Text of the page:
The Chinese automakers — relatively young, compared to the many decades of experience of Ford Motor Co., General Motors Co. and Chrysler Group LLC — haven’t yet followed through with plans to introduce vehicles in the world’s second-largest market.
“I think at this point it’s still such a nebulous process, we’re just holding our breath and waiting,” said Karl Brauer, an auto analyst at Kelley Blue Book. “It seems like every year, we’ve heard that they’re just around the corner.”
There are many reasons the promises of Chinese automakers haven’t panned out.
The Chinese auto market, the world’s biggest, is growing at such an exponential rate that automakers can hardly keep up with demand. Chinese automakers would have to establish a dealer network, and the U.S. market is already heavily saturated with American, German, Korean and Japanese automakers.
“Unlike the situation with the Japanese, in which maybe a handful of manufacturers came over in the ’80s, the Chinese market is very fragmented,” said Mark Heusel, an attorney at Dickinson Wright, who works with Chinese firms looking to relocate or set up operations in the U.S.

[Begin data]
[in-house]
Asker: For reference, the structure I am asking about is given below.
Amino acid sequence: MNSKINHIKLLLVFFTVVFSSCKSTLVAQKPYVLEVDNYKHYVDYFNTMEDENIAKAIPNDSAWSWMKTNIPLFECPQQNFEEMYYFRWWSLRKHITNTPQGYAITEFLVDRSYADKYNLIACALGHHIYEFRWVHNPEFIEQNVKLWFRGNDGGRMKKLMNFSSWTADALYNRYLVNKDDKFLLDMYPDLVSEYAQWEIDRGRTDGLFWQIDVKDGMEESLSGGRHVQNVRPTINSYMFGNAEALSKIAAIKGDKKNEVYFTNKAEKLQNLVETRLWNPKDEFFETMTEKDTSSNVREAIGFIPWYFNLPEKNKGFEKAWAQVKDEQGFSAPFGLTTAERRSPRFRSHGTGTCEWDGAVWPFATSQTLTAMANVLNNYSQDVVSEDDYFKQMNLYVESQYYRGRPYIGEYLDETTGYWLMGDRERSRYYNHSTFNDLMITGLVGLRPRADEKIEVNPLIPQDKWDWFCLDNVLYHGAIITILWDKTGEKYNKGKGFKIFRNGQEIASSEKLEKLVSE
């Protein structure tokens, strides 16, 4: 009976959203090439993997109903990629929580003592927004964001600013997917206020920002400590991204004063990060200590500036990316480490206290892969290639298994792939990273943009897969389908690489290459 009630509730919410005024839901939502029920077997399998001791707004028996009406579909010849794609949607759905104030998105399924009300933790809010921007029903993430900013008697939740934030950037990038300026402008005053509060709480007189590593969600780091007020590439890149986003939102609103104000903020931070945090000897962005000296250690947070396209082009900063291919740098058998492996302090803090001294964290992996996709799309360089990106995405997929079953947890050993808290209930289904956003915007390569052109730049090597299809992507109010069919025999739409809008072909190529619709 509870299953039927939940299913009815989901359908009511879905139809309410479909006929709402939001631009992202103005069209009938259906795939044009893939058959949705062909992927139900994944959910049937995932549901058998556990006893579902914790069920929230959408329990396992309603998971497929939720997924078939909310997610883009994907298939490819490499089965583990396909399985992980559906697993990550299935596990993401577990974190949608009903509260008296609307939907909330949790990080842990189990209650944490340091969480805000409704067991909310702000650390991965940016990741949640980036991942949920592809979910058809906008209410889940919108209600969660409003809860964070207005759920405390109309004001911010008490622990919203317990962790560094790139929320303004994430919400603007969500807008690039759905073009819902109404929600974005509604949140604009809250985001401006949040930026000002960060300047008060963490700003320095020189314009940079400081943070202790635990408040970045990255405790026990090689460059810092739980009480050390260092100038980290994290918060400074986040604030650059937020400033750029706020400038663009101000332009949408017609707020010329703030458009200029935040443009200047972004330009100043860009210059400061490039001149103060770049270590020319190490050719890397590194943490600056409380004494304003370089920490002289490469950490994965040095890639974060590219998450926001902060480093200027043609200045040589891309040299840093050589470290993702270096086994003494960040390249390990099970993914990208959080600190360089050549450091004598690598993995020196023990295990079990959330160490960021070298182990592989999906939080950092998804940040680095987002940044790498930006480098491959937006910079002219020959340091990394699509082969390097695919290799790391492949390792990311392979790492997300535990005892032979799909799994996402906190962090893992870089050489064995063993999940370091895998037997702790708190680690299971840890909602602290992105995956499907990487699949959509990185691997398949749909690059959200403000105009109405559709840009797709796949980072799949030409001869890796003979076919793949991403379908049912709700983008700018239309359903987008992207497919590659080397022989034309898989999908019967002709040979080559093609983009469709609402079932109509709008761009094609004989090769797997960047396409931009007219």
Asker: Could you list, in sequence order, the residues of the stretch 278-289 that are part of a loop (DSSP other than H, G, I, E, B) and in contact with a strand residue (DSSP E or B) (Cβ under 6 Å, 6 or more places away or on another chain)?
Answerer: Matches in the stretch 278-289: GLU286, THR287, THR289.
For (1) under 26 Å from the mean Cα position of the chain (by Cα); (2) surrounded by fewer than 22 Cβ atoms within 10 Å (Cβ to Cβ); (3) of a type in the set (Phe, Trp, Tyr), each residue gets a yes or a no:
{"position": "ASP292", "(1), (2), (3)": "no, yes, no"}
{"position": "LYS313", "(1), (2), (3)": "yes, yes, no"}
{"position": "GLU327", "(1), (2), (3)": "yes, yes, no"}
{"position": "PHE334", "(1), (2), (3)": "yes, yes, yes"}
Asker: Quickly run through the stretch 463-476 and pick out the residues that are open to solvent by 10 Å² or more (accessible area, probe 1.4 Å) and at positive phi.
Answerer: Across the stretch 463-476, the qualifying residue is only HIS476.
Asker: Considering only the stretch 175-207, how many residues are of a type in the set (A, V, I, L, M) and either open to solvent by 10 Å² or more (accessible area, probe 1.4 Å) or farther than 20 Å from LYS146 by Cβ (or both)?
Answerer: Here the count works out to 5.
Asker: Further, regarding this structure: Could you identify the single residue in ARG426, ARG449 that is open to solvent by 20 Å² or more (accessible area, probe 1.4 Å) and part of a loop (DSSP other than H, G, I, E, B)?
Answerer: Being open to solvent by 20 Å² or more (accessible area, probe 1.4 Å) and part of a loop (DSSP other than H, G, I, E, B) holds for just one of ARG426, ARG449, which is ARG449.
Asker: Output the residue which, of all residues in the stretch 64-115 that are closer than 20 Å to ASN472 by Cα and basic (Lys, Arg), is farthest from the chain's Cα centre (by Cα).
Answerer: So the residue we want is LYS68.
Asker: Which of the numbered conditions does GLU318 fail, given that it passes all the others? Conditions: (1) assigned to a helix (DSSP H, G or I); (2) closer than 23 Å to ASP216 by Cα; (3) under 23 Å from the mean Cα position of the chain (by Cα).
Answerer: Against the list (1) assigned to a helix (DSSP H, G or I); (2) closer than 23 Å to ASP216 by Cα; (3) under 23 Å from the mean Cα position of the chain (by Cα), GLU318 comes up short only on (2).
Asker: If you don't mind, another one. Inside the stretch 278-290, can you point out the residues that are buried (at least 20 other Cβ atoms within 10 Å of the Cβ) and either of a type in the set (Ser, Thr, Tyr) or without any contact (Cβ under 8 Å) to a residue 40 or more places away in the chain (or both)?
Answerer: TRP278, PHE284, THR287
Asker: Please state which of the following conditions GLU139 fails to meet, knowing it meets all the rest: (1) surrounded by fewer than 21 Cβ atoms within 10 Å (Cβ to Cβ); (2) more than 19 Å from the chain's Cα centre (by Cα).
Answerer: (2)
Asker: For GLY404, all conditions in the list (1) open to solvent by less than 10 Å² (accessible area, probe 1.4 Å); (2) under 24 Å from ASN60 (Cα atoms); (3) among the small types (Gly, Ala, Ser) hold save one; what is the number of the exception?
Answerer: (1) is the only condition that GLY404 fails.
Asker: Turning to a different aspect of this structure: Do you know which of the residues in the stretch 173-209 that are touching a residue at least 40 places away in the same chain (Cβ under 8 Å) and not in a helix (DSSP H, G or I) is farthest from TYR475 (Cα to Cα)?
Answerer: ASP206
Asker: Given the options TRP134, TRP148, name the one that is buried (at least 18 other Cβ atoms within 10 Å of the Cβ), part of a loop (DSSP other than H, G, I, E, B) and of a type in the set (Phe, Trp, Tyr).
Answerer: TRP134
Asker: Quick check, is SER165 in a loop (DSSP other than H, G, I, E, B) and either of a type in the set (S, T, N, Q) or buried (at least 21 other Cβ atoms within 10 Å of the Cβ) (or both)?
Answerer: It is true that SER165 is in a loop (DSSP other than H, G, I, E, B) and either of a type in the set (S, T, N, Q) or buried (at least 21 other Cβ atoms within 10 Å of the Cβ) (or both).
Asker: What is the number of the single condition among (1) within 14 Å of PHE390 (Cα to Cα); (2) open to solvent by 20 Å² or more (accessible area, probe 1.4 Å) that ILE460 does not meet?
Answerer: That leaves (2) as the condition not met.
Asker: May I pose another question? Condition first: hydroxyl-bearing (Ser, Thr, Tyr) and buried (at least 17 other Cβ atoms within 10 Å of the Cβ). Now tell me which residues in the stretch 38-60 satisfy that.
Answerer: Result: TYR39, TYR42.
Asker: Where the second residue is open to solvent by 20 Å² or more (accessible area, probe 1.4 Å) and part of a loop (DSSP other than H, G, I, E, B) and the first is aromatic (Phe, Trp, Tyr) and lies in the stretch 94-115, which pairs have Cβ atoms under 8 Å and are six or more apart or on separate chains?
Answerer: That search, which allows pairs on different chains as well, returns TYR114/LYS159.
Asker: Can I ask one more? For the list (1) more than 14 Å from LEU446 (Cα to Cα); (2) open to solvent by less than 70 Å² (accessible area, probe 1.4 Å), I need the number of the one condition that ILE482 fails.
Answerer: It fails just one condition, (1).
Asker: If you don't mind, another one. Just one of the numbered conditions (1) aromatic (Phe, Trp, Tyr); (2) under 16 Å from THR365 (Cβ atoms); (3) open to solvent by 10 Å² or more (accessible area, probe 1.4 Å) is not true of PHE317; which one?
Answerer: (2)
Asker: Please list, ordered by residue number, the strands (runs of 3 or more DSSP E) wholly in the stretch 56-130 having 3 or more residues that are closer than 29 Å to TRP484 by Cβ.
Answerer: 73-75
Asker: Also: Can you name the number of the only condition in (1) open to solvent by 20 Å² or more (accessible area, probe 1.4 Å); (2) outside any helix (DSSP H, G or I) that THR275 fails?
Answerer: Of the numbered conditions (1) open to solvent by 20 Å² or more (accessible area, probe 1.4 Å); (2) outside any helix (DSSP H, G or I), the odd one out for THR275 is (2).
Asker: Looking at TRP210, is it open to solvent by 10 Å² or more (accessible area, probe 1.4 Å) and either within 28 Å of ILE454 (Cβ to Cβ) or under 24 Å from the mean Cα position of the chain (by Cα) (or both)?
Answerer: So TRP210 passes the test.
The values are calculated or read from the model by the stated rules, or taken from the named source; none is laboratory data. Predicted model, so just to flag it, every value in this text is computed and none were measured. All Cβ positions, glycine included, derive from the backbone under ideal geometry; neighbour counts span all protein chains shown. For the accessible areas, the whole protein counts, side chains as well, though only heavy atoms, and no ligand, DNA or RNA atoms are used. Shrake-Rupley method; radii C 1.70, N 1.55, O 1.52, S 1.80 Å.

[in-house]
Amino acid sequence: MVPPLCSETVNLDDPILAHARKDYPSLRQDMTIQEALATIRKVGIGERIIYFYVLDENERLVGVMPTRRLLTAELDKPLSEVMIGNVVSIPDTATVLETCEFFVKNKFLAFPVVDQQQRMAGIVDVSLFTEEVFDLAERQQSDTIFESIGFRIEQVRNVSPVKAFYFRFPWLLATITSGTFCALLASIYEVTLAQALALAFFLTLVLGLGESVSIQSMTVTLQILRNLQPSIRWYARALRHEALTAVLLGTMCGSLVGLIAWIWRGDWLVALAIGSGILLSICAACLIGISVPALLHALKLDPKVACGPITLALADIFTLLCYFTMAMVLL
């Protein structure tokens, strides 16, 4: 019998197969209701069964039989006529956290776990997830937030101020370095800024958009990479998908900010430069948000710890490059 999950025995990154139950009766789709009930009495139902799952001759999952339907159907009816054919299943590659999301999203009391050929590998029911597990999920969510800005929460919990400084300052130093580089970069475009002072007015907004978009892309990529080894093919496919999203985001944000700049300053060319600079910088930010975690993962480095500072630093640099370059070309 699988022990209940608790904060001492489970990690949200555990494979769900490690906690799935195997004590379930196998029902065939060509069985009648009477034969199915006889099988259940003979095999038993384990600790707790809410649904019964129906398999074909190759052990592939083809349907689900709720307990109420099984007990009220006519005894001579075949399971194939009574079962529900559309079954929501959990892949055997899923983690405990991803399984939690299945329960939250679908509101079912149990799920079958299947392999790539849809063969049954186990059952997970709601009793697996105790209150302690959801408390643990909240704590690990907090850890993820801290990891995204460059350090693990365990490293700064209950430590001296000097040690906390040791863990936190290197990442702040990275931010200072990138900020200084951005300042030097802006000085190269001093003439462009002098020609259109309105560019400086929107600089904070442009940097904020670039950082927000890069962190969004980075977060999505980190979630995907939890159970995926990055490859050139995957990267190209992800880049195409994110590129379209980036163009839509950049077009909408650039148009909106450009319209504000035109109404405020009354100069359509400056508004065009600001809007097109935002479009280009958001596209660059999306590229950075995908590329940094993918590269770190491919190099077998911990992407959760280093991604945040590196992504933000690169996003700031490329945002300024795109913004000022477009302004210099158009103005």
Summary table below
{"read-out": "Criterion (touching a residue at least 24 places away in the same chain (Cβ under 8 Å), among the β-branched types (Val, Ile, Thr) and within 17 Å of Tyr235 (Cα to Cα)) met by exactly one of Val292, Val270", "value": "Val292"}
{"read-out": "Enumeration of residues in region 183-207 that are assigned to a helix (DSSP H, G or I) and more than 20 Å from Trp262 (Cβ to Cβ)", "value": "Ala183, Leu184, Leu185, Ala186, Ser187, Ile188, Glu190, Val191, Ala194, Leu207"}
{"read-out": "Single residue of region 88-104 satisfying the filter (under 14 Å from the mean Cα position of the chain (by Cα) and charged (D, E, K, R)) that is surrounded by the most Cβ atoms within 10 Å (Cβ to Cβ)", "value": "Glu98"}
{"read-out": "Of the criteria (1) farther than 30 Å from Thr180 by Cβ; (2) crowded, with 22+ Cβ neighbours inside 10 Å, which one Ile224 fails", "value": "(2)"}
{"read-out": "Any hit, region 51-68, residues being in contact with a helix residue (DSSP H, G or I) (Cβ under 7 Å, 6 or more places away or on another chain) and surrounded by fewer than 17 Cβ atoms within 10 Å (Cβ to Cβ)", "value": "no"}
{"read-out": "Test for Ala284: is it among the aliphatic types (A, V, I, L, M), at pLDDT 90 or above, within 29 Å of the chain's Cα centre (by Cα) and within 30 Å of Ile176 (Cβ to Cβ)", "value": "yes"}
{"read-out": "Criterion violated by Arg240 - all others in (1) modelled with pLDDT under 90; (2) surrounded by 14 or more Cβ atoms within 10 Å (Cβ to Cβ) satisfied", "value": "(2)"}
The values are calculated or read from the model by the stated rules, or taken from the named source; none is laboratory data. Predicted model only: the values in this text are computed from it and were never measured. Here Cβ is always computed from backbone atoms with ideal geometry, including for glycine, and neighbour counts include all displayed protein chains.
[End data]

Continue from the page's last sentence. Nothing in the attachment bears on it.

Heusel said there are more than 40 private and state-owned Chinese automakers, few of which have the money, resources or quality vehicles to compete in the U.S. market.
“As you see the consolidation in that industry and find out the real players, you’ll see the companies who have a greater potential for an export portfolio,” he said. “But I am very confident that in the next five years, you’ll see Chinese-branded vehicles on U.S. roads.”
Imports are one way the Chinese can stick their toe into the U.S. market. But Francis, Michigan’s car czar, believes that won’t happen until an automaker has an engineering and development workforce here in the U.S.
His bet, of course, is that they’ll locate in Michigan: Automotive research and development and office jobs here have risen 15 percent since 2000, according to a recent report from the Chicago Federal Reserve. That spike has been driven mostly by foreign automakers looking to tap the state’s intellectual talent.